Here’s a picture (actually a painting I did several years ago) of the back 40 of the equestrian center where I work part-time. It’s situated on 400 acres, about one hour northwest of Atlanta. As you can very well imagine, it’s prime wildlife habitat. We have some good-and not so good inhabitants. The latter is being inundated with house sparrows, and several coyotes driven there by development.
This blog was supposed to be on bird cams, and I sure do wish we had a few of them scattered around the place! Today there was an amazing occurrence and I missed it, missed it I tell ya… a once in a lifetime opportunity!
A boarder was grazing her horse near this very pond earlier today. She in fact phoned me on the way home to tell me what had happened. By the tone in her voice I could tell it was something out of the ordinary… “a Bald Eagle” she said. It had been spotted stealing eggs from a nest. “Huge” she said, with a wingspan wider than the length of her horse. She said the bright white head was unmistakable, and it must have been raiding a crow’s nest as several were trying to dive-bomb and chase him away, still carefully keeping a distance.
We can only hope this Bald Eagle thinks the diggs are pretty decent around here, and decides to take up permanent residence at Moonlight Stables. Sorry there’s no photo… we’ll definitely be on the look-out though!
Recycle and Reuse… that’s the deal to minimize your carbon footprint. In all facets of life-including backyard birding, there so many recycled products from which to choose. Recycled plastic finch feeders, and every other kind of feeder and birdhouse seriously help to keep plastics out of our landfills.
A recycled bluebird feeder I purchased a few years ago came with a sticker saying how many plastic jugs were used to make this item. It wasn’t a “stock” sticker either, because the number 33 was hand written on it. Besides that… the feeder still looks brand new after three years!
These new recycled finch feeders are pretty cool too as they feature “all-over” feeding space. Unlike traditional tube feeders that have perches, these finch feeders have something called “magnet mesh” which is very attractive to clinging birds such as finches.
Consider making your next finch feeder, oriole feeder, bluebird or woodpecker feeder a recycled plastic one. The non-porous surface is easier to clean and minimizes mold and bacterial growth. They won’t warp, crack, split or fade, and it’s likely the feeder (or house) will still look new after several years of use. Recycled is a wise investment and saves money in the long run because the product lasts!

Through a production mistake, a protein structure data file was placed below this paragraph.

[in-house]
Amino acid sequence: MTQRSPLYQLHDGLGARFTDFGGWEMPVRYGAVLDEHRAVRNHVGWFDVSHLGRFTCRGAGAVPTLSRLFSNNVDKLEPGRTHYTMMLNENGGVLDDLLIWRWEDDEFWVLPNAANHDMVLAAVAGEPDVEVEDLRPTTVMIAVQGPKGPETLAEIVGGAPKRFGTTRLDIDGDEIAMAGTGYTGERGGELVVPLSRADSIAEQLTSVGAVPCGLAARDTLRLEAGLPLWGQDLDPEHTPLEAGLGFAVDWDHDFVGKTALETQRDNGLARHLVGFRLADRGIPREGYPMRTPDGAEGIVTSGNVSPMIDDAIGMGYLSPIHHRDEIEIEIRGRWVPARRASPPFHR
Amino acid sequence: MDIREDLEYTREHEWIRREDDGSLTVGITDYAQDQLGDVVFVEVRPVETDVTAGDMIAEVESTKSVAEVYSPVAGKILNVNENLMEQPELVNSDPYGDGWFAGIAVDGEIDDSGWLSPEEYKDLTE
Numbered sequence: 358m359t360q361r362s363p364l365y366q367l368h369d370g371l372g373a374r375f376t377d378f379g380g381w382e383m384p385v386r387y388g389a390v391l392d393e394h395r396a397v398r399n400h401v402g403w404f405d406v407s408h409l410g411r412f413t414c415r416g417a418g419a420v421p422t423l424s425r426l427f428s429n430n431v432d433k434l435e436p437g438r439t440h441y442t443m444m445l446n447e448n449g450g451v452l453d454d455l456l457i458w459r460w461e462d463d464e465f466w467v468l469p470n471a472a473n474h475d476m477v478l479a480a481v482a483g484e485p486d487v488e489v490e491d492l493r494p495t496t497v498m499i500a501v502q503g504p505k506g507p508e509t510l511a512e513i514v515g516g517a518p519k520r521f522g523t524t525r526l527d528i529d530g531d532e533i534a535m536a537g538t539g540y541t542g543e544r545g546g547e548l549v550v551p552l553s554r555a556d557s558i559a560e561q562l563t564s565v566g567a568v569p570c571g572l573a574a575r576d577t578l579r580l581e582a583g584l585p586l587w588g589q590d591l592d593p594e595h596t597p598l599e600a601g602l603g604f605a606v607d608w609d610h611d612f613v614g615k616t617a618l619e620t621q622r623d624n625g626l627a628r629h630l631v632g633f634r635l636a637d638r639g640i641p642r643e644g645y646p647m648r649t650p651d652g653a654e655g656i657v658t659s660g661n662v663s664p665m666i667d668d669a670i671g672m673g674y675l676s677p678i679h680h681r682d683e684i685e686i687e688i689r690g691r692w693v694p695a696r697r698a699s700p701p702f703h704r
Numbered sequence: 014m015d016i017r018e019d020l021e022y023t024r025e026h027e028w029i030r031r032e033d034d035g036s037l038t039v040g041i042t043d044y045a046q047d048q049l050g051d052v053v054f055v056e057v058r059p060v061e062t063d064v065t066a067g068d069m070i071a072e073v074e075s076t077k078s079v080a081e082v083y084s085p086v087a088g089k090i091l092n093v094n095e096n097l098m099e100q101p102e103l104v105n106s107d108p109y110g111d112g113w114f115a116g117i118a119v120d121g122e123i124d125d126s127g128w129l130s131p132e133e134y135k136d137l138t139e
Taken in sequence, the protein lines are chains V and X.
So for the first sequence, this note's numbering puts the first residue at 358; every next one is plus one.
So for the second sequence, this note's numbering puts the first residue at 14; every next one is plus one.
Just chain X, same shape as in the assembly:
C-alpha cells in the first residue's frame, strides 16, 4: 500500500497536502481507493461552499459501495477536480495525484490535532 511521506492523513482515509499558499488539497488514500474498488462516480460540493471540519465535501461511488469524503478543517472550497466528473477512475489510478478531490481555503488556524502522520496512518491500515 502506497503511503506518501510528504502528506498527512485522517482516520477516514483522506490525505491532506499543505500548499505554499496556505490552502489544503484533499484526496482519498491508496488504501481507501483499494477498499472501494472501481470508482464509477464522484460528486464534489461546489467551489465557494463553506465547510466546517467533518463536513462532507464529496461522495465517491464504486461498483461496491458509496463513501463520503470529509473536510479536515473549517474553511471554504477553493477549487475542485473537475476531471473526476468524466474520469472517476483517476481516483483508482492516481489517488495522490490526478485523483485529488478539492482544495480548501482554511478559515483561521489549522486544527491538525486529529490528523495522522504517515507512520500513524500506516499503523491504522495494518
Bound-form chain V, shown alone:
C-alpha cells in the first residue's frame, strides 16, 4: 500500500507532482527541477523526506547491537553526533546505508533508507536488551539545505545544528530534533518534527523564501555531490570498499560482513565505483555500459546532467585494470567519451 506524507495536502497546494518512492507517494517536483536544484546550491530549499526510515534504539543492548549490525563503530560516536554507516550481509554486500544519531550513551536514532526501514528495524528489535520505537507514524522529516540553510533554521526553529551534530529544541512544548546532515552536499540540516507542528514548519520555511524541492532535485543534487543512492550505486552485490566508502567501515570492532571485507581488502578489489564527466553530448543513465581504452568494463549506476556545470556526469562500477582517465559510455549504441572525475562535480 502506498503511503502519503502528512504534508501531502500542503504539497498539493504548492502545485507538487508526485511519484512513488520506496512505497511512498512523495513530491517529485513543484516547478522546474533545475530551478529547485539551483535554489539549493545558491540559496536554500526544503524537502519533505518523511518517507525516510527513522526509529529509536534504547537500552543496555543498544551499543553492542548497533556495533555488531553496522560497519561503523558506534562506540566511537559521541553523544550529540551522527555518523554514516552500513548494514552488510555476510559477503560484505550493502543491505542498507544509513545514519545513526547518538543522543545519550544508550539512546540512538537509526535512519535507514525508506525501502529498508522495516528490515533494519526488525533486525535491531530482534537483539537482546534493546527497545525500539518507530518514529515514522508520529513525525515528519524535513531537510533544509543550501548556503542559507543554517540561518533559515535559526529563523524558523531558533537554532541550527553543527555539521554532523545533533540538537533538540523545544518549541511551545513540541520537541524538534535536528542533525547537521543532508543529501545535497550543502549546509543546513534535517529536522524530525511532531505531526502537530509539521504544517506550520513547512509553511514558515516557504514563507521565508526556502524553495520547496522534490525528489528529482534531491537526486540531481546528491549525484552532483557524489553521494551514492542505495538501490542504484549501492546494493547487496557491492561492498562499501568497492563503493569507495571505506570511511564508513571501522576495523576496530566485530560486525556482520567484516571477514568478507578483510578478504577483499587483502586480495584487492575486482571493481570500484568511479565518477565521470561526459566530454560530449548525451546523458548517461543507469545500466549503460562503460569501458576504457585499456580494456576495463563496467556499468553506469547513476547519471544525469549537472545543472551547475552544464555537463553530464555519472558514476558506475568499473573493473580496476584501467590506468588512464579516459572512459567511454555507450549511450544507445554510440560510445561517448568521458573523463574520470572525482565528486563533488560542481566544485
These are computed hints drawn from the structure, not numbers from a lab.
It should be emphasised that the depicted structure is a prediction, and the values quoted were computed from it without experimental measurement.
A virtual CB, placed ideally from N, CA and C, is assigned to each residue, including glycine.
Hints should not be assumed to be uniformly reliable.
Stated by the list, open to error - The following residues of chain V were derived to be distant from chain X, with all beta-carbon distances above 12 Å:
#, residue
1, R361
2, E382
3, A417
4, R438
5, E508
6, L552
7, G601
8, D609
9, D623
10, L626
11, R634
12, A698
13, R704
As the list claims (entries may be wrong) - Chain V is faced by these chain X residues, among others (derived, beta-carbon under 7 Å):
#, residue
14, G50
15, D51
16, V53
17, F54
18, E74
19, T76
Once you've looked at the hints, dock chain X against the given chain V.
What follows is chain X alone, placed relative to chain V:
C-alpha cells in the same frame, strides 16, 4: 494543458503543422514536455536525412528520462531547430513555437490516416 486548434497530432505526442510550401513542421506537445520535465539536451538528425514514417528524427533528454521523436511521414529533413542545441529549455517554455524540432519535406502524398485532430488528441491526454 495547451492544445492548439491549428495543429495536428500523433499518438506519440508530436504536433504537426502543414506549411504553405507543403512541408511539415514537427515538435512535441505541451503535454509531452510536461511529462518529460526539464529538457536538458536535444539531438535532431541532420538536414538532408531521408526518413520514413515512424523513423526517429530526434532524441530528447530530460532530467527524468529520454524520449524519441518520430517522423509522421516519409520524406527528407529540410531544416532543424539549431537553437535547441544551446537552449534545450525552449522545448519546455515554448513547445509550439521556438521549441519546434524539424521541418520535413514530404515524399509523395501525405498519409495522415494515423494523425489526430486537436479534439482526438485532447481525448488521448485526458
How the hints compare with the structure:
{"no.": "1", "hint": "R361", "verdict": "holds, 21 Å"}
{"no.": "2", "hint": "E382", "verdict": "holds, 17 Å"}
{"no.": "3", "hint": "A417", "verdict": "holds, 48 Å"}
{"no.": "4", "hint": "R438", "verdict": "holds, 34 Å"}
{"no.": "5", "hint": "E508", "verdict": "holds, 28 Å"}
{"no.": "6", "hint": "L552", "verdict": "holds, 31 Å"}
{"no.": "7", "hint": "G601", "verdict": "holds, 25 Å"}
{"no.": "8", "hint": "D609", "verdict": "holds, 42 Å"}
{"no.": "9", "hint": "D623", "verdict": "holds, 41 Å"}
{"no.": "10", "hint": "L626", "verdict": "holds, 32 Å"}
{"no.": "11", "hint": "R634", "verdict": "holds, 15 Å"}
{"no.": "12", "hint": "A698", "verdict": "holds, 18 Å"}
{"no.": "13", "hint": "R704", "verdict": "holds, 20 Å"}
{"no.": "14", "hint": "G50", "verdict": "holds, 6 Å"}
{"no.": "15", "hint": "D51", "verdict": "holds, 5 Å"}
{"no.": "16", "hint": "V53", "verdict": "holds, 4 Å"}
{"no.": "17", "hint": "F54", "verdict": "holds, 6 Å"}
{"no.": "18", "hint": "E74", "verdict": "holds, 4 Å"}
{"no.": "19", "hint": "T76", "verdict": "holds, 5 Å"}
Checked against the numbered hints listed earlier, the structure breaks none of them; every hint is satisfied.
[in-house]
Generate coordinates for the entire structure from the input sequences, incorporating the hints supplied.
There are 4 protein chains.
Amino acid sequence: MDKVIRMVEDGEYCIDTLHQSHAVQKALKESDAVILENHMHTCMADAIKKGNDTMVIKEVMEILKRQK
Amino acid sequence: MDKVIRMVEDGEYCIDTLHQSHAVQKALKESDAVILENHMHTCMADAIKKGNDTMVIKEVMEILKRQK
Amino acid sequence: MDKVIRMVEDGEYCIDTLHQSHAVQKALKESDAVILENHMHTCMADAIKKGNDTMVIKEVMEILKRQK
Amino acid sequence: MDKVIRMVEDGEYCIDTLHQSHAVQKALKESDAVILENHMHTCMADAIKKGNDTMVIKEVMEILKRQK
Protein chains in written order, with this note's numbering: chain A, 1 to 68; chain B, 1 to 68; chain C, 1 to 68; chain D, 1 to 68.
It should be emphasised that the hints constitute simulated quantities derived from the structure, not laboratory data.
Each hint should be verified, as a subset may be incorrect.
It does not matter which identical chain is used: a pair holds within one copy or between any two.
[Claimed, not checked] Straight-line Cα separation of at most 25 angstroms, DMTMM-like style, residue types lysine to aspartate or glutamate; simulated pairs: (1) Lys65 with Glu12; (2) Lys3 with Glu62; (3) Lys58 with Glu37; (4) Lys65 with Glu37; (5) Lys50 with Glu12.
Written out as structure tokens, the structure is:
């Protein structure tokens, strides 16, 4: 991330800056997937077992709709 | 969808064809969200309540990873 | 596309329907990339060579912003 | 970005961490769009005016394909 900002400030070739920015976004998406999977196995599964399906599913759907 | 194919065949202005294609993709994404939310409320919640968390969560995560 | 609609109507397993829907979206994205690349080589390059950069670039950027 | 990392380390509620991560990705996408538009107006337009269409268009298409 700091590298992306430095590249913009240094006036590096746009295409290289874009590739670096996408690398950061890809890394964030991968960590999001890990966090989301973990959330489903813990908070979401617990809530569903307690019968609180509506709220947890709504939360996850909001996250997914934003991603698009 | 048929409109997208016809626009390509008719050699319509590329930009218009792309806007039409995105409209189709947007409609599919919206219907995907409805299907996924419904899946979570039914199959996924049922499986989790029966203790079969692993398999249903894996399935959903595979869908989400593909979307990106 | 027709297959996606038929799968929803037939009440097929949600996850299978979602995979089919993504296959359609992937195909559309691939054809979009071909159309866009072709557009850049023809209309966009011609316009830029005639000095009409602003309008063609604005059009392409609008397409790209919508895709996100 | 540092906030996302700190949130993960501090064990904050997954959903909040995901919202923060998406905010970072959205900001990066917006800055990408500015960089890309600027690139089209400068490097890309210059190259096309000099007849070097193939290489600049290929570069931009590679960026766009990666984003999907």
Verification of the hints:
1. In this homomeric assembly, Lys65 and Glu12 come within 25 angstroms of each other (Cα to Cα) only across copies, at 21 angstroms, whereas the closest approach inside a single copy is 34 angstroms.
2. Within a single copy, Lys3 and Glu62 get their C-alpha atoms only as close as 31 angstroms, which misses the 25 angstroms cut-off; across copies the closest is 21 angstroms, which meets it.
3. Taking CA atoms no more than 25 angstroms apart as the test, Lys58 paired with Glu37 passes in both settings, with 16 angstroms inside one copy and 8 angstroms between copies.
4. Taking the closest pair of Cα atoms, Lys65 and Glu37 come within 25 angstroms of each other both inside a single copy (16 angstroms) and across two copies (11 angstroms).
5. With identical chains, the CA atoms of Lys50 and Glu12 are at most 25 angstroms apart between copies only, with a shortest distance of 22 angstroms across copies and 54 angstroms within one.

- Federal Court Gives Green Light To Wild Horse Lawsuit
District Judge Rejects Interior Dept. Motion to Dismiss Case
Sacramento, Calif. (April 20, 2011) – In a precedent-setting decision, issued today in the United States District Court, Eastern District of California, Judge Morrison C. England, Jr. rejected the U.S. Department of Interior’s motion to dismiss a lawsuit challenging the roundup and removal of nearly 1,579 wild horses and 159 burros from the Twin Peaks Herd Management Area (HMA) in northeastern California last year.
Judge England also ruled that the plaintiffs – animal protection organization In Defense of Animals (IDA), ecologist Chad Hanson, Ph.D., wild horse sanctuary founder Barbara Clarke, DreamCatcher Wild Horse and Burro Sanctuary, local resident and wild horse enthusiast Linda Hay – have standing to challenge the action and that the case is not moot, despite the fact that the roundup has already taken place. In past wild horse roundup litigation, courts have dismissed claims as moot because the roundups had already concluded, never ruling on the merits on the case.
However, In Defense of Animals et al. vs. Interior Department et al., headed by pro bono legal counsel Rachel Fazio, outlines specific remedies and the ongoing harm plaintiffs suffer from Twin Peaks mustangs being held in captivity in government long-term holding facilities – facilities that the plaintiffs allege are illegal. Fazio argued in her briefs that the case was not moot, in part because the Interior Department could return captured horses to the range.